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    Determining the future water demand involves establishing the volume of water required to meet the projected demand based on future population projections. It also establishes the capacity of the supply system components such as transmission main sizing, water treatment plant process rate, and balancing storage volumes.

    There is sufficient water supply for the short term. Modeling indicates that by 2045 additional water will need to be sourced and the plan outlines the ability to invest in new infrastructure to draw water from the deep north basin of Sooke Lake Reservoir and diverting the Leech River into Sooke Lake Reservoir to increase the capacity of the system.

  • Water Quality and Treatment

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    Drinking water is treated to meet current drinking water quality regulations; a new filtration process will be required in the future to supplement the existing disinfection processes, particularly when water from the Goldstream and Leech water sources are used to supplement supply. The addition of filtration in combination with existing disinfection processes (ultraviolet disinfection followed by the addition of chlorine and ammonia) would provide a robust multi-barrier system able to better mitigate potential adverse raw water quality due to climate change impacts, reduce the vulnerability of the current treatment system, and protect public health.

  • Water Storage and Transmission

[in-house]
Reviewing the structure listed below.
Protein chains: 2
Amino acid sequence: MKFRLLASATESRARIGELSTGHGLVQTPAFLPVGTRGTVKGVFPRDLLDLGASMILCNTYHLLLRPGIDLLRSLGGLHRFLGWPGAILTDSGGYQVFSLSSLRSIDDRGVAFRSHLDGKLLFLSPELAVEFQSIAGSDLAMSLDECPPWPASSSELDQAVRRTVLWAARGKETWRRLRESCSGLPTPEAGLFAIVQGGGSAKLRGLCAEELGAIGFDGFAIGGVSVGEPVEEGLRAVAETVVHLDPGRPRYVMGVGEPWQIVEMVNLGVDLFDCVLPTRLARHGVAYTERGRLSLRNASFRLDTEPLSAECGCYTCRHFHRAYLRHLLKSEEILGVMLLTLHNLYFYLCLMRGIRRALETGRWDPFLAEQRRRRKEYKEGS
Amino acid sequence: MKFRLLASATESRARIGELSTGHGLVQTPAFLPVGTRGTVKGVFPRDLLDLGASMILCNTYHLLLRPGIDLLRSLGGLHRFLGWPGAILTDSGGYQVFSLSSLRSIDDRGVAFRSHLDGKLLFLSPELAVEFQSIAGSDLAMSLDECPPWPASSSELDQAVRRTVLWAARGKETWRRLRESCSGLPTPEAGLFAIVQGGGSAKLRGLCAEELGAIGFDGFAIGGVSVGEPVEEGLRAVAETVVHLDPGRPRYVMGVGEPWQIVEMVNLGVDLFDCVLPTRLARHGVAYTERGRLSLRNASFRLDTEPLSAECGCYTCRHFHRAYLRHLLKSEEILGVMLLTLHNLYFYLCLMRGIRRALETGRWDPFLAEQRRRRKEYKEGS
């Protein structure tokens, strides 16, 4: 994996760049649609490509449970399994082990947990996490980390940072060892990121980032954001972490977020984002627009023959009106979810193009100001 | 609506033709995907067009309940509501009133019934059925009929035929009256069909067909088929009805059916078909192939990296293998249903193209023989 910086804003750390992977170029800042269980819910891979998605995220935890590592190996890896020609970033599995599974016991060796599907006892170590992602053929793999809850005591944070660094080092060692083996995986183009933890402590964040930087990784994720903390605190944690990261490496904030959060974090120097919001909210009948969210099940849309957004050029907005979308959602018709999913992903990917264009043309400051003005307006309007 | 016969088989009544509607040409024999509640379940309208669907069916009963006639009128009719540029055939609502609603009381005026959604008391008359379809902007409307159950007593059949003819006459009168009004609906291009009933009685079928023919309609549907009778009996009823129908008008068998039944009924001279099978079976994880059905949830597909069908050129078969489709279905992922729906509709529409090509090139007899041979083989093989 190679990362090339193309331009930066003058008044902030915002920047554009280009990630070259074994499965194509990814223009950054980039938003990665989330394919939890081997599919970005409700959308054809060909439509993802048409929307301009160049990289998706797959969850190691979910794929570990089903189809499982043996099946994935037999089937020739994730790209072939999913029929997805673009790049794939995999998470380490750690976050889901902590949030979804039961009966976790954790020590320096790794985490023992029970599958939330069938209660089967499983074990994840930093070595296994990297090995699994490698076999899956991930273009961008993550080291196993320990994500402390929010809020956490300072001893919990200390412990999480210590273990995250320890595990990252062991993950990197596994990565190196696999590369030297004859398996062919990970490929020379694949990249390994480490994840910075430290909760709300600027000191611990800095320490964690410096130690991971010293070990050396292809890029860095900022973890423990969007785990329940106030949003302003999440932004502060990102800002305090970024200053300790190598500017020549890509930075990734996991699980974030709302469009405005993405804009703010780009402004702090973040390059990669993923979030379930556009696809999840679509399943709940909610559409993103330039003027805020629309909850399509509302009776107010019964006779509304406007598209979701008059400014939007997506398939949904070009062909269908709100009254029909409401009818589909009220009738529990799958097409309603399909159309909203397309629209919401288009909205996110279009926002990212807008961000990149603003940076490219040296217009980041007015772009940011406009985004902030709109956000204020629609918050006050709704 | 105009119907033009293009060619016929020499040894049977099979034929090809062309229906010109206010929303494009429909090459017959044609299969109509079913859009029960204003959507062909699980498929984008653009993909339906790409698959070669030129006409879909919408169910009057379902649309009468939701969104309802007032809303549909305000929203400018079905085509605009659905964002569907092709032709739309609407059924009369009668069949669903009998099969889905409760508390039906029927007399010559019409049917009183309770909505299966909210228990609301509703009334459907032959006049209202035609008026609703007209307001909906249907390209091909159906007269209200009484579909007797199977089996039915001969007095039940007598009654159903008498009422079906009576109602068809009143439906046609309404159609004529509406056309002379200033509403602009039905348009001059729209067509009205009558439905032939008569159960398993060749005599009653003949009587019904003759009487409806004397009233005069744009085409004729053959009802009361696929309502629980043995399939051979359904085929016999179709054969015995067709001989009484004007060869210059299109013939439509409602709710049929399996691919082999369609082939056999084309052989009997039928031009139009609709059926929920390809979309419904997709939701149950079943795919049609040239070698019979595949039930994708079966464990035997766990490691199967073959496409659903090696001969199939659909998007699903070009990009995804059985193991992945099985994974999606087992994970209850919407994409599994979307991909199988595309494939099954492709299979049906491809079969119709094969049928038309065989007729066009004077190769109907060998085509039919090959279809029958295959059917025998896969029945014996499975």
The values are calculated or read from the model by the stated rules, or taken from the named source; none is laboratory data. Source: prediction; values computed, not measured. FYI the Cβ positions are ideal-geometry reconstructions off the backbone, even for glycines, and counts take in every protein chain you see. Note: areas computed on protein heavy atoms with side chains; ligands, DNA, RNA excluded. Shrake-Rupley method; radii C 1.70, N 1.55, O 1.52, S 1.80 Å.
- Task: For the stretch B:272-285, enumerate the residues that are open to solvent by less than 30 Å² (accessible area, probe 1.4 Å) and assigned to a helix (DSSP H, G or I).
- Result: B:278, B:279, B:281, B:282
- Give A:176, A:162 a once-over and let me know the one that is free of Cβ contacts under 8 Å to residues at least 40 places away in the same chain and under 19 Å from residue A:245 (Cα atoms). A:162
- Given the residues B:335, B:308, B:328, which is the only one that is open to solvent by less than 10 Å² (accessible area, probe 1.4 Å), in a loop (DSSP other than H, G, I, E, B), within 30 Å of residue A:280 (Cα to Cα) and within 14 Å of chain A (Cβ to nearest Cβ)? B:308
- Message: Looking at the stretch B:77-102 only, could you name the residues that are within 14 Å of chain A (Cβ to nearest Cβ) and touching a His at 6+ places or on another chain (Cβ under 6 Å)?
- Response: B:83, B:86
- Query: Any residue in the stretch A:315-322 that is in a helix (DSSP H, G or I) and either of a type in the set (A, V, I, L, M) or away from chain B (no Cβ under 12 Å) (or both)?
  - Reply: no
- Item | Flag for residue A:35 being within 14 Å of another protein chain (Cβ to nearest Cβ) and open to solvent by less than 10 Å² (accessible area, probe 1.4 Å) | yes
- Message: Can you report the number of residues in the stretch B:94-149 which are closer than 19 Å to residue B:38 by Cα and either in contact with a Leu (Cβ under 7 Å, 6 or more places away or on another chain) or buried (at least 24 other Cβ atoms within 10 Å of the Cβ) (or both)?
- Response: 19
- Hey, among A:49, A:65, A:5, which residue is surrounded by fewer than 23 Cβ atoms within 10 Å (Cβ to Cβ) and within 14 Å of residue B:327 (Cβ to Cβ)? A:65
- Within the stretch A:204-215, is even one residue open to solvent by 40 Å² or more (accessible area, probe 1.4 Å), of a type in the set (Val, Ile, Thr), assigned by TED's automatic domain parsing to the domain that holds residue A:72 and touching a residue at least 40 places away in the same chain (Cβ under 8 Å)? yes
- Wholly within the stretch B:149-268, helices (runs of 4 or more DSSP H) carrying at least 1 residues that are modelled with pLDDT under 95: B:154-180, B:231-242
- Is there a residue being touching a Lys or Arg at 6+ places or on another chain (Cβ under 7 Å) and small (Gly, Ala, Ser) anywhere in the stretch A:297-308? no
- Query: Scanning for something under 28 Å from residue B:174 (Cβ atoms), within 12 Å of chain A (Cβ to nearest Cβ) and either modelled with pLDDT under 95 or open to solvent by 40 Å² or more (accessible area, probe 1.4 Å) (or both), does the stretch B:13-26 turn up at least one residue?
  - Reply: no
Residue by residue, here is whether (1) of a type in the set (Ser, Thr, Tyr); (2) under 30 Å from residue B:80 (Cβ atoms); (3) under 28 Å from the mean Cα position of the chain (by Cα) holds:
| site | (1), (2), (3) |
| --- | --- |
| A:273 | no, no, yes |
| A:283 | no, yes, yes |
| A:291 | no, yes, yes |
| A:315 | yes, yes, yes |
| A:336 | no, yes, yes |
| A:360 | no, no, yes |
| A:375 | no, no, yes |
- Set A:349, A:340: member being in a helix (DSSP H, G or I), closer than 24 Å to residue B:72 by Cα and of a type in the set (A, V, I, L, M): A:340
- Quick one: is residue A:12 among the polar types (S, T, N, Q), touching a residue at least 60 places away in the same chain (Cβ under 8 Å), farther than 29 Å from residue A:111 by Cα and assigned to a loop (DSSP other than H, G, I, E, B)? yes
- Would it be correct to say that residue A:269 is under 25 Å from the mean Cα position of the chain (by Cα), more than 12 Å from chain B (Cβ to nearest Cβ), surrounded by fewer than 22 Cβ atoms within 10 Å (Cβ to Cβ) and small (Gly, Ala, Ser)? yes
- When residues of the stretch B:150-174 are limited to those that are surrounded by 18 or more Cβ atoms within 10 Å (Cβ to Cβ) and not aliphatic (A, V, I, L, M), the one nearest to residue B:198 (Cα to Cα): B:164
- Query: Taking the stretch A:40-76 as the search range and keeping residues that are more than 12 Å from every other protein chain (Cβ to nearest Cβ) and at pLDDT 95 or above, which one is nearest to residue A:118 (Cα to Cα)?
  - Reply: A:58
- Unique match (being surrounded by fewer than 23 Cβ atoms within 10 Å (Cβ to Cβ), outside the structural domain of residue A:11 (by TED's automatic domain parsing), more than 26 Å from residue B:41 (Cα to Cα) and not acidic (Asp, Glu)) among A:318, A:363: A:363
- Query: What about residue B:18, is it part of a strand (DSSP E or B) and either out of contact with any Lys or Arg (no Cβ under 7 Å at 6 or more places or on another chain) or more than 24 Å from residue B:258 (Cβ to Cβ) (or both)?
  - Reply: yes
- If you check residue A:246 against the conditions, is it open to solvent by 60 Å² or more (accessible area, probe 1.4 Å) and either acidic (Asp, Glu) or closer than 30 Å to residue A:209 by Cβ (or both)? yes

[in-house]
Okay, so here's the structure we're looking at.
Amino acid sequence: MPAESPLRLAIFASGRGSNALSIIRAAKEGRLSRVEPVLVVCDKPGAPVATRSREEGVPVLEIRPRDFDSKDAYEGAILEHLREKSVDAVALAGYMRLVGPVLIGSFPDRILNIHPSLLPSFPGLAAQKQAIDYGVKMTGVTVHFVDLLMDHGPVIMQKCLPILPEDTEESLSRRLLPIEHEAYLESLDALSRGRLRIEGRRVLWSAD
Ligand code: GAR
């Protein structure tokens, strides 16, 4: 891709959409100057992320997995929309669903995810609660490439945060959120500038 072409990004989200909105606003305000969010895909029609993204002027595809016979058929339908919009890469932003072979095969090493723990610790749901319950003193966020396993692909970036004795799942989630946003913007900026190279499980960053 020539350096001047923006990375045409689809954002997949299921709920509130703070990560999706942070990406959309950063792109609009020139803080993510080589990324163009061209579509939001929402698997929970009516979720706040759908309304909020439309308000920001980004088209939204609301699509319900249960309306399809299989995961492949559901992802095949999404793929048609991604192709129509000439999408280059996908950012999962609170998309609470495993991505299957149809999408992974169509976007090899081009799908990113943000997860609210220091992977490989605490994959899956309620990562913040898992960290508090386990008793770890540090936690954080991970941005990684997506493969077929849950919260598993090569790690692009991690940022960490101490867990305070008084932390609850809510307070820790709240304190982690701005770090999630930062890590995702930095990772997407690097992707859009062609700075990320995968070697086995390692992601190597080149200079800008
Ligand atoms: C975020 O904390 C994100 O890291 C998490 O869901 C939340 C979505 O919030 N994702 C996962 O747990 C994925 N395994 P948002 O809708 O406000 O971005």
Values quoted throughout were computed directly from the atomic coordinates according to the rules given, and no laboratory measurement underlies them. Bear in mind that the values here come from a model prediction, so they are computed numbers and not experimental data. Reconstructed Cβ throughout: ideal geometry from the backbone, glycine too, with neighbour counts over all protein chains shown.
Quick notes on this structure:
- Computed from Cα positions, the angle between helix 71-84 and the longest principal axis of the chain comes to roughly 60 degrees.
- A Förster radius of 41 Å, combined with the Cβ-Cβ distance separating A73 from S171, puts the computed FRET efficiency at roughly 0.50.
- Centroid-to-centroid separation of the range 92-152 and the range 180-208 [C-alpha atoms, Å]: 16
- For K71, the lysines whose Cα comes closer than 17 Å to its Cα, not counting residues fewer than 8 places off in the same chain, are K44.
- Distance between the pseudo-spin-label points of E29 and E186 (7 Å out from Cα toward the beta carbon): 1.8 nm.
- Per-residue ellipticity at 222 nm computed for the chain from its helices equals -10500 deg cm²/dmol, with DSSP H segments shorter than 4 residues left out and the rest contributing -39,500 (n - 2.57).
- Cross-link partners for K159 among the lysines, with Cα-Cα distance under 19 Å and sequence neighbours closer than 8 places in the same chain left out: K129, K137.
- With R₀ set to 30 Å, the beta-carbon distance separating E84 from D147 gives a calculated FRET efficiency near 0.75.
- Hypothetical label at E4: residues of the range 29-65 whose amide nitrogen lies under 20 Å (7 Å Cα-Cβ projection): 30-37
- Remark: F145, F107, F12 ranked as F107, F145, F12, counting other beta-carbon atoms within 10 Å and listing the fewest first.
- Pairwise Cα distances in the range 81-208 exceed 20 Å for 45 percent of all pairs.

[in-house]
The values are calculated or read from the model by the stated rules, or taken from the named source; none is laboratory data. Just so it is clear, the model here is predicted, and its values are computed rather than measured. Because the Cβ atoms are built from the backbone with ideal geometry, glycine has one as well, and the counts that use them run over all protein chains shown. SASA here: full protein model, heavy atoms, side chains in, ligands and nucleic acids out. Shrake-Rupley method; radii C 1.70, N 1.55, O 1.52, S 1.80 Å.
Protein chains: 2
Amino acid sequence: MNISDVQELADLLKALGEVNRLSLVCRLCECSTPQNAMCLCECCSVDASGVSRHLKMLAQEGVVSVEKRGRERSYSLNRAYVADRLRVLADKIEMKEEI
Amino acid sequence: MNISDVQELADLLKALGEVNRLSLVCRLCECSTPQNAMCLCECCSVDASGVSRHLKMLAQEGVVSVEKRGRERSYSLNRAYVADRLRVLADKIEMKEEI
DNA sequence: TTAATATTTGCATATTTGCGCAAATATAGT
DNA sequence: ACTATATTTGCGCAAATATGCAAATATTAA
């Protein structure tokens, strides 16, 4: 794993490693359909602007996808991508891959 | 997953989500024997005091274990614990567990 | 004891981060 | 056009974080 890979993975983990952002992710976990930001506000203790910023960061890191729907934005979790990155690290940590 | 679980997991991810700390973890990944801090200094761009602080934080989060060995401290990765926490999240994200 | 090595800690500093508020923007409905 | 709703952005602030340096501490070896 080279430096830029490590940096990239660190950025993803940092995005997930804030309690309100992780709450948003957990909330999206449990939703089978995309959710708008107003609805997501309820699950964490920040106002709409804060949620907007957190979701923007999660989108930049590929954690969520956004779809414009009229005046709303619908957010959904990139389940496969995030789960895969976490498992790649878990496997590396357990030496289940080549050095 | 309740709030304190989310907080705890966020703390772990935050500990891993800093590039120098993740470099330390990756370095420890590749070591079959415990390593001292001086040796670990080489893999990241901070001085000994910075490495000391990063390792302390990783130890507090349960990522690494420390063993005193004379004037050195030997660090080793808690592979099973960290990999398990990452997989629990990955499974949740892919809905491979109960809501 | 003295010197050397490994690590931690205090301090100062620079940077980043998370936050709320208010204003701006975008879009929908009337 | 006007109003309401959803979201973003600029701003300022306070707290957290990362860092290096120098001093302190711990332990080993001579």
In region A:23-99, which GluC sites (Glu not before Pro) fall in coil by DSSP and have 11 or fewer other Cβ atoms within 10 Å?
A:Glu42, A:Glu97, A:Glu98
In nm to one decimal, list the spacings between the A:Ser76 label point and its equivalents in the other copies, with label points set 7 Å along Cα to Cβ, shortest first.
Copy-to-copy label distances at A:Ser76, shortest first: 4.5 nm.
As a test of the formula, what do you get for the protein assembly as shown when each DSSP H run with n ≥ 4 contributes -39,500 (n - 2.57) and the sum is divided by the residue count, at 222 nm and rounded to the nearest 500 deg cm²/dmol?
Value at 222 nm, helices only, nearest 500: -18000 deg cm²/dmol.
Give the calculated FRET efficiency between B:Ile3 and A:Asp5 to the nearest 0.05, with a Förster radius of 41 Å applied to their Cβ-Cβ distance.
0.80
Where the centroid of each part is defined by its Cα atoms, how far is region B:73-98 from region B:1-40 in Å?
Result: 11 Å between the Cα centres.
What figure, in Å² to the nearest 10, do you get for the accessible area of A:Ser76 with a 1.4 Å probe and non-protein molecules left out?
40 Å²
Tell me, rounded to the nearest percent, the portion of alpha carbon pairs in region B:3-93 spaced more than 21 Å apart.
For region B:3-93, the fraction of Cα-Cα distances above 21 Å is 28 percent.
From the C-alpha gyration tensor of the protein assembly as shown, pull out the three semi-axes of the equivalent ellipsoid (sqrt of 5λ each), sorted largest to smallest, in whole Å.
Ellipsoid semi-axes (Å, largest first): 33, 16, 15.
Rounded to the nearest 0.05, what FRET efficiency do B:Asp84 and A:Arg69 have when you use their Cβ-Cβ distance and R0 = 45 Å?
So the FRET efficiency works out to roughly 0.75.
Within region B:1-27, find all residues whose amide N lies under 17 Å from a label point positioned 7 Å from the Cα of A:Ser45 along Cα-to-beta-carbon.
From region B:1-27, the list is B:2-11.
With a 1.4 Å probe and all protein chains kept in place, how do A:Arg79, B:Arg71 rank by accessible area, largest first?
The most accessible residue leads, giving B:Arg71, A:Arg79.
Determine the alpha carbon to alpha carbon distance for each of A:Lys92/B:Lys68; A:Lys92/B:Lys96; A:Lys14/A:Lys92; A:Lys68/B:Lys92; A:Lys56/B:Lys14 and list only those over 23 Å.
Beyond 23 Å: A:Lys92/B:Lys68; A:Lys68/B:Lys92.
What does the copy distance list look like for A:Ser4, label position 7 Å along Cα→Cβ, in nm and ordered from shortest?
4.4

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    There are two general needs for water storage: raw water storage within the watershed(s) (reservoirs and related dams) and treated water balancing or equalization storage (storage tanks), an integral part of the transmission system.

    Currently, the transmission system has limited balancing storage which results in higher than necessary (or desirable) peak flows through the transmission system during high daily and seasonal demand periods. Additional balancing storage at Smith Hill in the City of Victoria and at the upstream end of the transmission system are proposed to enable the transmission system to perform optimally and provide emergency water storage.

  • Recommended Projects

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    Each of the recommended projects will undergo further planning and evaluation prior to proceeding with detailed engineering design and construction. The recommended projects that make up the 30 year program of improvements are summarized below: